1960. South Korea. Kim Ki-young. 110 min.
Monday, November 16, 2009, 4:30 p.m.
Theater 1 (The Roy and Niuta Titus Theater 1), T1
1960. South Korea. Written, directed, and edited by Kim Ki-young. With Lee Eun-shim, Kim Jin-kyu, Ju Jeung-nyeo. Celebrated as one of the greatest Korean films of all time, Hanyo is an intense psychosexual chamber piece about a composer who nearly destroys his family by sleeping with the new housemaid, a disturbed woman who likes to catch rats with her bare hands. Kim Ki-young is a major influence on today’s generation of South Korean filmmakers, including Kim Ki-duk and Bong Joon-ho; comparing him to Luis Buñuel, Cahiers du cinéma critic Jean-Michel Frodon writes that Kim “[probes] deep into the human mind, its desires and impulses, while paying sarcastic attention to the details....," while noting that "the shocking nature of the film is both disturbing and pleasurable..." Restored by the Korean Film Archive with the support of the World Cinema Foundation, a nonprofit organization founded by Martin Scorsese and dedicated to the preservation of films from developing and non-Western countries. In Korean; English subtitles. 110 min.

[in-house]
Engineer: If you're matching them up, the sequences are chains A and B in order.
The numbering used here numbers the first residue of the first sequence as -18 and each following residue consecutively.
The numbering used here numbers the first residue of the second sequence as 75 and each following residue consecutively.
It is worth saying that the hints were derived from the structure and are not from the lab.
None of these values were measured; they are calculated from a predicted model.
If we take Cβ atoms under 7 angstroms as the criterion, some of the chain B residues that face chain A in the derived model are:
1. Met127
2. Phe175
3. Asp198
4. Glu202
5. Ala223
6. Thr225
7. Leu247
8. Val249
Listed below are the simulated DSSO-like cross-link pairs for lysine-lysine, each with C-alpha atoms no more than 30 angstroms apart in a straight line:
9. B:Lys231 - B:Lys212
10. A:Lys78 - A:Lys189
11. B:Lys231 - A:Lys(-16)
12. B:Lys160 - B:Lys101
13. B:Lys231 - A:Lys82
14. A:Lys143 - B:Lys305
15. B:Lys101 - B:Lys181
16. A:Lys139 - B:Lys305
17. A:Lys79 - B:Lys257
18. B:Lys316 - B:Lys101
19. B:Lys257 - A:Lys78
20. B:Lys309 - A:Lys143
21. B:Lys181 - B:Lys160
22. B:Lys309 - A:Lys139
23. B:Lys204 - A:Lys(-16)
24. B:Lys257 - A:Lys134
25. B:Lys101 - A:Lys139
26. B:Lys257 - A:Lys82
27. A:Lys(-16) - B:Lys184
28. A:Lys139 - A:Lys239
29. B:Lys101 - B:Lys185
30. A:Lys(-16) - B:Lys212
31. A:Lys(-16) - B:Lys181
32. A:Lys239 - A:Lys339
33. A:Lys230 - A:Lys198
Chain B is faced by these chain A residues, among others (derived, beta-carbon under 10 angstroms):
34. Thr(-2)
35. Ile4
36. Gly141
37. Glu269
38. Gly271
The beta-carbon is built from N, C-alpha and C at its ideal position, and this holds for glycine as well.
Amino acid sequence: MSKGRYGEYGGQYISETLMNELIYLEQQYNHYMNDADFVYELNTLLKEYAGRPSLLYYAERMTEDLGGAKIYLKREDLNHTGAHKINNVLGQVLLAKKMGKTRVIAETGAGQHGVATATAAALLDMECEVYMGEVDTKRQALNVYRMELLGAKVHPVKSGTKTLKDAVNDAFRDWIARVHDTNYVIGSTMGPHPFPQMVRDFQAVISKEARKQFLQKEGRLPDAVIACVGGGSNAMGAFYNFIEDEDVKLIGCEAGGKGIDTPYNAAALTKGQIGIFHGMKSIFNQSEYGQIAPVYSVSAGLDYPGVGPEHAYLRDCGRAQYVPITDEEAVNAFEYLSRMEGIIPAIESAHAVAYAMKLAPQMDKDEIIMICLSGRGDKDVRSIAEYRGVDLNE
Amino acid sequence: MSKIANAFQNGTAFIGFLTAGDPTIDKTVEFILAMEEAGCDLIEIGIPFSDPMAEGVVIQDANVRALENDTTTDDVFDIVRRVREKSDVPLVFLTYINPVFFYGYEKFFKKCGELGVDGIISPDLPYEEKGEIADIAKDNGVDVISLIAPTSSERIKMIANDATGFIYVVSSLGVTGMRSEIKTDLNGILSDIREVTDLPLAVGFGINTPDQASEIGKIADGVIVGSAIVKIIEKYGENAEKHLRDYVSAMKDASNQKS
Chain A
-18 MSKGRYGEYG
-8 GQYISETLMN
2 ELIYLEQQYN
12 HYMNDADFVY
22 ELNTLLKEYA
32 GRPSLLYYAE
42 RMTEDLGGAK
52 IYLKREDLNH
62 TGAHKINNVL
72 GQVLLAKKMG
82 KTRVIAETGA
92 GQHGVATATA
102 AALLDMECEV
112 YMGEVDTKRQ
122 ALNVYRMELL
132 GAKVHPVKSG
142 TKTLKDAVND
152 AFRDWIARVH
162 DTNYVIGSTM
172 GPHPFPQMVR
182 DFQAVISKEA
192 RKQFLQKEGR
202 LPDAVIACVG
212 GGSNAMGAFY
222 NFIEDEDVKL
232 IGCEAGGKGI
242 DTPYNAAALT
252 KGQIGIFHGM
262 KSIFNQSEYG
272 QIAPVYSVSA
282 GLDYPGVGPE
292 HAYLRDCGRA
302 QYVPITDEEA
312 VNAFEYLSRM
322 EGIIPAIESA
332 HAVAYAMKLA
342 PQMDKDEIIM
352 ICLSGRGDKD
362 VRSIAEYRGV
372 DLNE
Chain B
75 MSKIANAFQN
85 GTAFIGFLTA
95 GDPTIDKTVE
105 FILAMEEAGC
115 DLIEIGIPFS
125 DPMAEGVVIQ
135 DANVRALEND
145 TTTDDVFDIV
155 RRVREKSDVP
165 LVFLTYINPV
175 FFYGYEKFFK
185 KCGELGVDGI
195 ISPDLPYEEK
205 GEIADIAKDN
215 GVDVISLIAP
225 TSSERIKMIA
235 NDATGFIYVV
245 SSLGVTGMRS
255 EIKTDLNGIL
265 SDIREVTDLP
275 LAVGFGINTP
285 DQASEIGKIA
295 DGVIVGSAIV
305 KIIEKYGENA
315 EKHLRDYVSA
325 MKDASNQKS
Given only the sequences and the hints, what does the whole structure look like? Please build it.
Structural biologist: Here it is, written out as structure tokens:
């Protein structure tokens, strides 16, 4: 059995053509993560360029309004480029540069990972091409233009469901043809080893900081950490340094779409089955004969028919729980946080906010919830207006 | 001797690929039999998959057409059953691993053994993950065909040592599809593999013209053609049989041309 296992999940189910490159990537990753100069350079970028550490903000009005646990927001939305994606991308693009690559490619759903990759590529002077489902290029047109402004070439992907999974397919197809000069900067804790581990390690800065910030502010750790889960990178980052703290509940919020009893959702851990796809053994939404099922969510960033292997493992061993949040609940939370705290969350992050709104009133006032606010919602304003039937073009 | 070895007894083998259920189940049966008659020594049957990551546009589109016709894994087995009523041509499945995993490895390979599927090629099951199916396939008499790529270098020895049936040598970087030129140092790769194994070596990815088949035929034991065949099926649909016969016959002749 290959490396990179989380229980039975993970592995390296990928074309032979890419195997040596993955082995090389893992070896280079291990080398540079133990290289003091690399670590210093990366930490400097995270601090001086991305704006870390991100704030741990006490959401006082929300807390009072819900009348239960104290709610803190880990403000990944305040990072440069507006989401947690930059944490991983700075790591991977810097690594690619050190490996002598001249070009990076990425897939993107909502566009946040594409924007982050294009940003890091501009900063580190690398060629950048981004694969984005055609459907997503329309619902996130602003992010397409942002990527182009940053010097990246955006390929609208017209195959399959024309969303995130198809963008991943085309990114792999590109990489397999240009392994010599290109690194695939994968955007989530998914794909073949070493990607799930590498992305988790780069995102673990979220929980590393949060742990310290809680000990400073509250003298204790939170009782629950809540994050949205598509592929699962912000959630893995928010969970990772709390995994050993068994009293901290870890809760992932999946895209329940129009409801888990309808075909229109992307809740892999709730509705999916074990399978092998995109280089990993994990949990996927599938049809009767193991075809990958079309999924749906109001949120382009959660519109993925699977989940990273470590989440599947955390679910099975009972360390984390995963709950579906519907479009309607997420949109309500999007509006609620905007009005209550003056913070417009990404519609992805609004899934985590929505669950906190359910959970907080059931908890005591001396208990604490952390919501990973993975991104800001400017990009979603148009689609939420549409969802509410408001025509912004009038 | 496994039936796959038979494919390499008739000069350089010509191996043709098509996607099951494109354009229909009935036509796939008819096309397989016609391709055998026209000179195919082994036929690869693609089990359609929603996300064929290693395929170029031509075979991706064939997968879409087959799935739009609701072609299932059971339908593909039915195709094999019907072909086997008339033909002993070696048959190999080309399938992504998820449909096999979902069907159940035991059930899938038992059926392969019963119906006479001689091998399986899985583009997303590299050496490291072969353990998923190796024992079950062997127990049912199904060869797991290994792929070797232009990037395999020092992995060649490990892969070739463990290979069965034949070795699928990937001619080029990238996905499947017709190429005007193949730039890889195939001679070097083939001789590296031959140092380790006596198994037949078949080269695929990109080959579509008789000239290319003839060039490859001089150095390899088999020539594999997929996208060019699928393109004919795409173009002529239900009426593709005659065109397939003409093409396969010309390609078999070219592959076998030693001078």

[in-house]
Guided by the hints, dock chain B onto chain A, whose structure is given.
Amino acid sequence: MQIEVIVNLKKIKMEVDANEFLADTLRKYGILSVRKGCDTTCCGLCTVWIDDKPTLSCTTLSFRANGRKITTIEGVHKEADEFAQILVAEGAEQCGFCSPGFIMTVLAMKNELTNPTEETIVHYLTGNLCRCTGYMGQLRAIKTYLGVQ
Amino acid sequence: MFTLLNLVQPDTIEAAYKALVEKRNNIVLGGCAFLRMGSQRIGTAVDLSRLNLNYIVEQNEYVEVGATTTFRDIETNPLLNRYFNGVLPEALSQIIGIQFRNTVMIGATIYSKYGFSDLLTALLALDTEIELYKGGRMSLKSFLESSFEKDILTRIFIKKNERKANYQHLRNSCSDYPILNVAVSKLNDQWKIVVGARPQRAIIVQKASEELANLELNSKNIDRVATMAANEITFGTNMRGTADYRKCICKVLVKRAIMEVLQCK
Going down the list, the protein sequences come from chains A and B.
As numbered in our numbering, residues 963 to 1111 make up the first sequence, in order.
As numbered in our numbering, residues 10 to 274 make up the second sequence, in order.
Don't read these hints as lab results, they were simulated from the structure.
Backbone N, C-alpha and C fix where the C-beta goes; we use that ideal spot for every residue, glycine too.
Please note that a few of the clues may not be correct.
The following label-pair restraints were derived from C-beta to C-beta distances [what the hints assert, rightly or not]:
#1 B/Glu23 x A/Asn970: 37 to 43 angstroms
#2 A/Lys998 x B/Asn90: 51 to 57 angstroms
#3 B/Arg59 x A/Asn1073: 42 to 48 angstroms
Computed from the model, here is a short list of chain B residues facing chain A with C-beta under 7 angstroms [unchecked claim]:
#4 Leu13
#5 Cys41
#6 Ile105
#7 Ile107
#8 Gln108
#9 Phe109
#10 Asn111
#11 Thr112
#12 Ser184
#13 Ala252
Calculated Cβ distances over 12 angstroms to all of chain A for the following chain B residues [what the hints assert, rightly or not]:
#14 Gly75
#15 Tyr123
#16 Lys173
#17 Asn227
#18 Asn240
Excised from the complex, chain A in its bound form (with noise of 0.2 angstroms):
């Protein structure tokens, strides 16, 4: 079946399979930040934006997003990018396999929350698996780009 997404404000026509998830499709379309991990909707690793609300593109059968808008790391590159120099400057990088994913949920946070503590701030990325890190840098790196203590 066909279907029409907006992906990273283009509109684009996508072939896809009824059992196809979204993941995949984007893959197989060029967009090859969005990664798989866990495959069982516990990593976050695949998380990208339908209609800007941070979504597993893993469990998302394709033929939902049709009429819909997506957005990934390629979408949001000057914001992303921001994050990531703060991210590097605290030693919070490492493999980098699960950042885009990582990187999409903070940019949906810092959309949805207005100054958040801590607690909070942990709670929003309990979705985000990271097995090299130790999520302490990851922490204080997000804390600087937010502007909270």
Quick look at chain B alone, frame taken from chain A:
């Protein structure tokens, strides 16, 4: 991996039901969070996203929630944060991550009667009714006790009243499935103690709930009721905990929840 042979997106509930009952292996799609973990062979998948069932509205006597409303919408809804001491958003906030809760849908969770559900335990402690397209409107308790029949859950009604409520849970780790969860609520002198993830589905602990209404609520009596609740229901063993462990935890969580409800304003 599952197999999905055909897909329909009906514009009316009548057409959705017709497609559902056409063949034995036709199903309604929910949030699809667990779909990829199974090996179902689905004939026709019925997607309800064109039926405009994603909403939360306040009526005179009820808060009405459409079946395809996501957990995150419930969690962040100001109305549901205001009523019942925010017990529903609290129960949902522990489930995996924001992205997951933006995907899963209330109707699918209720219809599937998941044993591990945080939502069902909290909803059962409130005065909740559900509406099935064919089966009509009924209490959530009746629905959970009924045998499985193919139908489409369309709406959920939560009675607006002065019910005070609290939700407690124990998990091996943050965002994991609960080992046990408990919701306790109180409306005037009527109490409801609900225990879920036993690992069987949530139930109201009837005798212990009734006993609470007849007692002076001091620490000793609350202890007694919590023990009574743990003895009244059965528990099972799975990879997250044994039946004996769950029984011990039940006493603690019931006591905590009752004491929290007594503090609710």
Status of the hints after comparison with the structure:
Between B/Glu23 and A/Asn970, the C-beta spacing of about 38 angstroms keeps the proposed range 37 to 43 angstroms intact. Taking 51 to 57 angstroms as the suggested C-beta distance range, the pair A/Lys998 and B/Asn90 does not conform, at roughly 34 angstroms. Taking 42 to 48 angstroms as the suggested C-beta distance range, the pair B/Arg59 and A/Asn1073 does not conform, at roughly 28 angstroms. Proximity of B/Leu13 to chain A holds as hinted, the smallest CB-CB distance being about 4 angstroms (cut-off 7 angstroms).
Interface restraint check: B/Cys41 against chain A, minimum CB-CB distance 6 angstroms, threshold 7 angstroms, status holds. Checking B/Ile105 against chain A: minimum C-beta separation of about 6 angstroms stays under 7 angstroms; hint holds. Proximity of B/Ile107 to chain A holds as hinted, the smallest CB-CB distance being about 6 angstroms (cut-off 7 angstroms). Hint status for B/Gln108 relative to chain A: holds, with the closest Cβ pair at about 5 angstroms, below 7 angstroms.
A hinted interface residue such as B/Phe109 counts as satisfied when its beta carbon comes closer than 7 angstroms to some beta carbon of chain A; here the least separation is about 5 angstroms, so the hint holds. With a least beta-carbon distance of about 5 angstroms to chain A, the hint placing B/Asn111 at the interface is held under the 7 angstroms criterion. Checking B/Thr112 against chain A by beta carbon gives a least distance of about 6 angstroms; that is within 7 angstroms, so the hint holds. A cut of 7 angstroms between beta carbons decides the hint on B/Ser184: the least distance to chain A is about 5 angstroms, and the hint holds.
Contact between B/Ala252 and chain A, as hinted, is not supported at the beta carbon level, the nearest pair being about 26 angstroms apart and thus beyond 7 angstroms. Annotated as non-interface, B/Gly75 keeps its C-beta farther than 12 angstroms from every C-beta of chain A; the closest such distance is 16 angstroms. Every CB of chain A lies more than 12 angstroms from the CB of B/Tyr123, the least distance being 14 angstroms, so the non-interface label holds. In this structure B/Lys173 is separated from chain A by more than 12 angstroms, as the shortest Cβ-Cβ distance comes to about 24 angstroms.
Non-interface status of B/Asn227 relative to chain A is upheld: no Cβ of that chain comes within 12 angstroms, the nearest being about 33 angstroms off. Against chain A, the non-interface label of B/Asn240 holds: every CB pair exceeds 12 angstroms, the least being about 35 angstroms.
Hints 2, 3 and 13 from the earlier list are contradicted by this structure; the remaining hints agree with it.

In the Film exhibition To Save and Project: The Seventh MoMA International Festival of Film Preservation
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